“For the first five years, we were just a bunch of broads who liked dancing together,” she said. “We rehearsed when we could and performed whenever we could rook someone into letting us use their performance space.”
There were no lofty goals for the group, she said. Her approach — an approach that has guided much of her career — was to make the most of her opportunities in the moment. Even when Twyla Tharp Dance became an established entity, it was a purely practical matter for Tharp. The goal, she said, was to be able to pay her collaborators.
“I was simply trying to get by day-to-day,” she said. “I wanted it to be functional for the moment.”
From these modest beginnings, Tharp, 74, grew to become one of the most influential names in contemporary dance. Her 1973 piece, “Deuce Coupe,” shook up the dance world by setting traditional ballet to the music of the Beach Boys. She has choreographed over 160 works, including full-length ballets, Broadway musicals, television specials, movies and even two ice-skating routines. In the process, she has used music from sources ranging from Brahms and Handel to Billy Joel and David Byrne.
This same eclecticism drives the 50th anniversary program that attendees will see at the Wharton Center next week. Fanfares by contemporary composer John Zorn open both halves of the program. The rest of the first half is set to music from J.S. Bach’s “Well-Tempered Clavier,” while the bulk of the second half is set to jazz music by Steven Bernstein and MSU alum Henry Butler. Her reason for using such a diverse selection of music, she said, is simple.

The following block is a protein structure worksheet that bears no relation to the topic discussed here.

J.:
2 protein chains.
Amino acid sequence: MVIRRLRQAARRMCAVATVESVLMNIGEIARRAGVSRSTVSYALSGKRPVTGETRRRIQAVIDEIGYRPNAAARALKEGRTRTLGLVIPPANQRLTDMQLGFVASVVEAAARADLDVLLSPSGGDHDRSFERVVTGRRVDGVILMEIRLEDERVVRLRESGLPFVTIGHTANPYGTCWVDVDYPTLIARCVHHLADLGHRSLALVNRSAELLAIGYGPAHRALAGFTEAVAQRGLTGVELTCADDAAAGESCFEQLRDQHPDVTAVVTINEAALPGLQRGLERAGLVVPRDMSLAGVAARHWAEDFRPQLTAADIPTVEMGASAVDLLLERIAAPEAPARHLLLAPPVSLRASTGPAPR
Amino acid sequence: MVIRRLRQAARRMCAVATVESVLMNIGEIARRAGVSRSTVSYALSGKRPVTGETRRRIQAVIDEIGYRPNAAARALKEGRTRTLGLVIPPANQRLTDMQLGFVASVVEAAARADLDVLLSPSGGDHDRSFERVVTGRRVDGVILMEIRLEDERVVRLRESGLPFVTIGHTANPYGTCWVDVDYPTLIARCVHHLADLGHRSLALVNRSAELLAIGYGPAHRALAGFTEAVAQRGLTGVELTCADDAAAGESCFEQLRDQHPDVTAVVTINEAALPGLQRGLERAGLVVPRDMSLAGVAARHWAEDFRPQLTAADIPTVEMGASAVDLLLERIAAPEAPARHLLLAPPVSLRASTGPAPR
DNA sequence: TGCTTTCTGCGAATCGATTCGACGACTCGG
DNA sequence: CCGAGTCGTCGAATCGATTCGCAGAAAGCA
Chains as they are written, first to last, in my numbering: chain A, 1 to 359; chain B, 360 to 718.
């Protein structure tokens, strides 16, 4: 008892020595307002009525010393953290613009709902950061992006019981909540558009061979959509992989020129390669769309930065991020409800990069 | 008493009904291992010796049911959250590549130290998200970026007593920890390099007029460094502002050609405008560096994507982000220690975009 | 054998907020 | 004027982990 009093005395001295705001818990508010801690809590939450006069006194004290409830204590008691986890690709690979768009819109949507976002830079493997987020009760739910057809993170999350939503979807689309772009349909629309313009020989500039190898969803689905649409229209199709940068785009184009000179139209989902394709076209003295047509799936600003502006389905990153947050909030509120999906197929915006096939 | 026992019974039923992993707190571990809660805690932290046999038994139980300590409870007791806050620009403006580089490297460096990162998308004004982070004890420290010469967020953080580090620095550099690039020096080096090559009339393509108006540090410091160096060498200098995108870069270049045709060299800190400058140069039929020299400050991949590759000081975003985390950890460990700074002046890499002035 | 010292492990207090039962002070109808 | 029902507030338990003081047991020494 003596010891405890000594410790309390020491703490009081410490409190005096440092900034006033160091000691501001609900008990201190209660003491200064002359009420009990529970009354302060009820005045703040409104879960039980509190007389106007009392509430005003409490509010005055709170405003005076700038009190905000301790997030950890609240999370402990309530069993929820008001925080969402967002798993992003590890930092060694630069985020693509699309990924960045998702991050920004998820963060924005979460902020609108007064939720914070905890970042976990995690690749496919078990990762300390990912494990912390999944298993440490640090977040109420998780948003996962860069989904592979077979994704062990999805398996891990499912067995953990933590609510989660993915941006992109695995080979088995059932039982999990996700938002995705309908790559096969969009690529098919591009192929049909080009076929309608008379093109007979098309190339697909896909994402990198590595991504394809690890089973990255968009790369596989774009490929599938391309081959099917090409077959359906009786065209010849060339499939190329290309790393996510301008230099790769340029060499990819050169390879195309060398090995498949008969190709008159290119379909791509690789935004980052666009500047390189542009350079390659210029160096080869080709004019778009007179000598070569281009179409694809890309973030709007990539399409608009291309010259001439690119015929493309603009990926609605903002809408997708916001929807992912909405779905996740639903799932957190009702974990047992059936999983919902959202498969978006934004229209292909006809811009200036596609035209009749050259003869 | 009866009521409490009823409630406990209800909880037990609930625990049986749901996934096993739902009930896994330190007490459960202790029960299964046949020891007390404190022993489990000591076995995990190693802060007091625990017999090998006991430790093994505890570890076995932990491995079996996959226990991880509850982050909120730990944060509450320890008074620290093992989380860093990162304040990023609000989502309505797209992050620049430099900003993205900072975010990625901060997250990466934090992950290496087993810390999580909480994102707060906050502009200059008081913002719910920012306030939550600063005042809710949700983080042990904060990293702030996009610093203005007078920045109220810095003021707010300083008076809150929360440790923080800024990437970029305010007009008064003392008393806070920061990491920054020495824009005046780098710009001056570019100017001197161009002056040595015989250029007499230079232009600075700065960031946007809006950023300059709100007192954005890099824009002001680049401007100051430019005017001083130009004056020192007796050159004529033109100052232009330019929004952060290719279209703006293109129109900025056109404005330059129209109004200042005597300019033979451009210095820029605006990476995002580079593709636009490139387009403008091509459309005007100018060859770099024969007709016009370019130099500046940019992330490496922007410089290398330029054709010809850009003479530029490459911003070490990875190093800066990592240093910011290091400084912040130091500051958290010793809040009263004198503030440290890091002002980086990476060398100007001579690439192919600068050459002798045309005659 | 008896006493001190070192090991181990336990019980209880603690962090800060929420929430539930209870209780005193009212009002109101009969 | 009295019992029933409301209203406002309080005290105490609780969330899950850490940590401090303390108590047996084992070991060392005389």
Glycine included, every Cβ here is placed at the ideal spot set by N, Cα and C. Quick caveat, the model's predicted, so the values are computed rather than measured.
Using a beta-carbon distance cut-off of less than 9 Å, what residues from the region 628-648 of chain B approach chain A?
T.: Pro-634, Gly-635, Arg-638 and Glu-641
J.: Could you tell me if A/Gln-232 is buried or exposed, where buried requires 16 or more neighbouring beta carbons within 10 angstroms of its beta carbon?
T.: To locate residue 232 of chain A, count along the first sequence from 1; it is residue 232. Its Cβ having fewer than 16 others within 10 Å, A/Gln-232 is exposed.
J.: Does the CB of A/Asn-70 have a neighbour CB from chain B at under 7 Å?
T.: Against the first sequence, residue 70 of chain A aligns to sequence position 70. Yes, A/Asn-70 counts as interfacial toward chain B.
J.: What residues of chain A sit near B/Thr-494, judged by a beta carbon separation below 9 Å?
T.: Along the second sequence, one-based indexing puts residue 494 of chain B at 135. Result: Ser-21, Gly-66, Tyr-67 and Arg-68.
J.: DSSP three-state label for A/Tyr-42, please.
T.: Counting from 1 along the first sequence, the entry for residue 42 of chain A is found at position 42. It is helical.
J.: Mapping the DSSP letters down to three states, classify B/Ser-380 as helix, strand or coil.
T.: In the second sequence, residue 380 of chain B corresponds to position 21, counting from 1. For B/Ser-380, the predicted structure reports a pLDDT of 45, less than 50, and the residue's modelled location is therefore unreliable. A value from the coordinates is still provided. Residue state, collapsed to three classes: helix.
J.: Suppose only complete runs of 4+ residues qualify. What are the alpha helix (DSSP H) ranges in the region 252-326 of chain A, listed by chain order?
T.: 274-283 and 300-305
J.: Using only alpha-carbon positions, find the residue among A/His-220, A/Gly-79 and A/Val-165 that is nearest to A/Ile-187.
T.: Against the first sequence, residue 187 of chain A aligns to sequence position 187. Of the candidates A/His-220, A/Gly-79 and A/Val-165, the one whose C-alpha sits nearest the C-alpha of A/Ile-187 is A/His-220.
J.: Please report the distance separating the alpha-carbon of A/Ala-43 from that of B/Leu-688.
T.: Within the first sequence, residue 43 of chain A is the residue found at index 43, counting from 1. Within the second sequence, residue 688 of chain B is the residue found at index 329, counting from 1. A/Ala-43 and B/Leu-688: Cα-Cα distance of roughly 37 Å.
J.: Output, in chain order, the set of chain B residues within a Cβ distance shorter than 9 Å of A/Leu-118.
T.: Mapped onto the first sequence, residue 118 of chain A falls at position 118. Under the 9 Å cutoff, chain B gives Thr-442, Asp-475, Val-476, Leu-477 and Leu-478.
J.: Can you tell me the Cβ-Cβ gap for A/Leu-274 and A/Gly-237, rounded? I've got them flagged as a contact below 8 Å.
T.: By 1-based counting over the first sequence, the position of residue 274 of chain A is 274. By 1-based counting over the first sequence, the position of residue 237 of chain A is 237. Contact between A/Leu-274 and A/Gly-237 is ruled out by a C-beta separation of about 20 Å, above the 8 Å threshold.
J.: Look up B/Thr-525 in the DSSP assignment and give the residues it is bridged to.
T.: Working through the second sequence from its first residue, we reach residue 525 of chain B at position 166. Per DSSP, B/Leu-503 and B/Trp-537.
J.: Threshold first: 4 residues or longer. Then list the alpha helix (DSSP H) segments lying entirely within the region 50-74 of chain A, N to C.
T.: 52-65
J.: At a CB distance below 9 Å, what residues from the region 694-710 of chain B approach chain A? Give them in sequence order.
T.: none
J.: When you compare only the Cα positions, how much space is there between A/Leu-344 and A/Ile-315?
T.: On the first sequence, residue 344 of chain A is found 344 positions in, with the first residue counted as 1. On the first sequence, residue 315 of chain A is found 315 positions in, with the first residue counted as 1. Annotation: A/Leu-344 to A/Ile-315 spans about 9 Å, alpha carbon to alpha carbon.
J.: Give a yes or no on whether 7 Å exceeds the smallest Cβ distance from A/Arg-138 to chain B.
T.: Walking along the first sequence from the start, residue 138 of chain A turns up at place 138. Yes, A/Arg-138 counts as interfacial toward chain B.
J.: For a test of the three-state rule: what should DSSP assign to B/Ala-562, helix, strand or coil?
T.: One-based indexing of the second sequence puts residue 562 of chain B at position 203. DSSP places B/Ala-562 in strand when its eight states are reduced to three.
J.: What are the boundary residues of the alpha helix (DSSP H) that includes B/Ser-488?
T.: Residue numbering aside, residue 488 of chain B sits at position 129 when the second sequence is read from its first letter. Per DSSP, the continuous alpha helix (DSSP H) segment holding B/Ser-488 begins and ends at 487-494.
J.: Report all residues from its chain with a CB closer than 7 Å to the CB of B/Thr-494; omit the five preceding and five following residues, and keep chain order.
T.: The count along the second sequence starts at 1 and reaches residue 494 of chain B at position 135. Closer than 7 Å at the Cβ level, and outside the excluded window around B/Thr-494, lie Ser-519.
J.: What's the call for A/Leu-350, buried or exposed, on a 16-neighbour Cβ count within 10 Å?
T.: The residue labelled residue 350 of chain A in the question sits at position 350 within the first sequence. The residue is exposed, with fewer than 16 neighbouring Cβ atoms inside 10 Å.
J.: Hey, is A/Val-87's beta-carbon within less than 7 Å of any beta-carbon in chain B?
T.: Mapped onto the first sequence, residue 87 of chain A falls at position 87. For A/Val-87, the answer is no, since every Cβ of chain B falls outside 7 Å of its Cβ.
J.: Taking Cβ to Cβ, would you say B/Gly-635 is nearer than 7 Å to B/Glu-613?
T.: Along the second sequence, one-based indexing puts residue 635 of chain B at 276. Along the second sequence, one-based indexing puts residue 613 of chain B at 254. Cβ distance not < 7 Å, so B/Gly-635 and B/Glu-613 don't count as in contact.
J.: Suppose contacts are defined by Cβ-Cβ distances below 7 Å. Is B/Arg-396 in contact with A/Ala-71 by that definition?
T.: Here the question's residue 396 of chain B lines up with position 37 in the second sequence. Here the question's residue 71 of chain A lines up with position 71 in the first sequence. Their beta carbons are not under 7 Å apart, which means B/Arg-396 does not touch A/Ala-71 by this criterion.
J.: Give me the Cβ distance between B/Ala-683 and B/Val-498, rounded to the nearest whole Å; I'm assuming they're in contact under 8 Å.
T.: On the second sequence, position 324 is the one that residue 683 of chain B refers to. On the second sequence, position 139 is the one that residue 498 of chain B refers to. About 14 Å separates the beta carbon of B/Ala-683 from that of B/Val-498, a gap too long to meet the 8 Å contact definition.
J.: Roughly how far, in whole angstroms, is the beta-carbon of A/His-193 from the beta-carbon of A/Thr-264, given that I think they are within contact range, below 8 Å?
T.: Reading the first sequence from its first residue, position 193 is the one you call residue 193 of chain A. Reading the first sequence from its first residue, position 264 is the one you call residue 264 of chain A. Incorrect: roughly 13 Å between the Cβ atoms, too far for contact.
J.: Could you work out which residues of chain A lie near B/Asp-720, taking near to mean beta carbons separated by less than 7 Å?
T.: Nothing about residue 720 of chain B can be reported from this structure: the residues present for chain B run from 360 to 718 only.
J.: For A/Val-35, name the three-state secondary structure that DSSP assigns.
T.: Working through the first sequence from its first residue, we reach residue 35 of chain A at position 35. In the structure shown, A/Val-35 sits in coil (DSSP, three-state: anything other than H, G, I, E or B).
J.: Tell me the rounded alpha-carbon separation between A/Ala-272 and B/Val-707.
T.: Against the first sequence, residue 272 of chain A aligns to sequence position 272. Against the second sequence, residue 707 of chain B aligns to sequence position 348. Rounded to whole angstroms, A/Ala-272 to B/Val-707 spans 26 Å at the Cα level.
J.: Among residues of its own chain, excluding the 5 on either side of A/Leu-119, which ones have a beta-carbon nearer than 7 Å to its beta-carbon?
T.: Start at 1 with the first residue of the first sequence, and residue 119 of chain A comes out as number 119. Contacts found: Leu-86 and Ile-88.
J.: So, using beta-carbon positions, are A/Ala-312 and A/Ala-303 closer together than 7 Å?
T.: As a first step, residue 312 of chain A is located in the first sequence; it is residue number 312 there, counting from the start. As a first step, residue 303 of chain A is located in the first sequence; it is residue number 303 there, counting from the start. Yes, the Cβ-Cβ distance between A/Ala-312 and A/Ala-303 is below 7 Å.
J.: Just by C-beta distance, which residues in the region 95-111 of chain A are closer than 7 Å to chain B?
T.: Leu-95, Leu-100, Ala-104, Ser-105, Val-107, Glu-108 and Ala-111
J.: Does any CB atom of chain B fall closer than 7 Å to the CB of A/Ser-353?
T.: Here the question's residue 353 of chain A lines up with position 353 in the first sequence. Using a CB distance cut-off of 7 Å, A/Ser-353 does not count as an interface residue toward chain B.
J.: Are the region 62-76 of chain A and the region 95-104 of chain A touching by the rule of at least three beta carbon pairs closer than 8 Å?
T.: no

“Greed. Simple greed,” she said. “I like everything that works.”
When she is choosing music for an evening-length performance, Tharp said she looks for two things.
“First of all is a generic sense of, ‘Oh, this moves.’ That it makes you bop your head. That’s a quality that all the music has to have,” she said. “The next component is context. Does it pair well with the other works, either by similarity or by contrast?”
While one might think that a choreographer would find inspiration in the music, Tharp prefers to take a dance-first approach.
“I start a piece without any music. Just moving and working through my ideas and feelings,” she said. “Once I have a sense of that, I find music that will support that idea.”
In the early ‘60s, Tharp worked with two of the biggest names in American dance, Martha Graham and Merce Cunningham. The most important thing she learned from their work, Tharp said, is the dedication they brought to their craft.
“They we both very committed to their work,” she said. “And they were not compromising in their work.”
When asked if she plans to retire anytime soon, Tharp answered with the same live-in-the-moment attitude that has guided her career from its inception.
“That is asking me to look into the future, which I don’t have the capacity to do,” she said. “I’ll continue working as long as it makes sense to work.”
Twyla Tharp Dance
50th Anniversary Tour
7:30 p.m. Tuesday, Nov. 3
Tickets start at $37/$15 youth and MSU students
750 E. Shaw Lane, East Lansing
(517) 432-2000, whartoncenter.com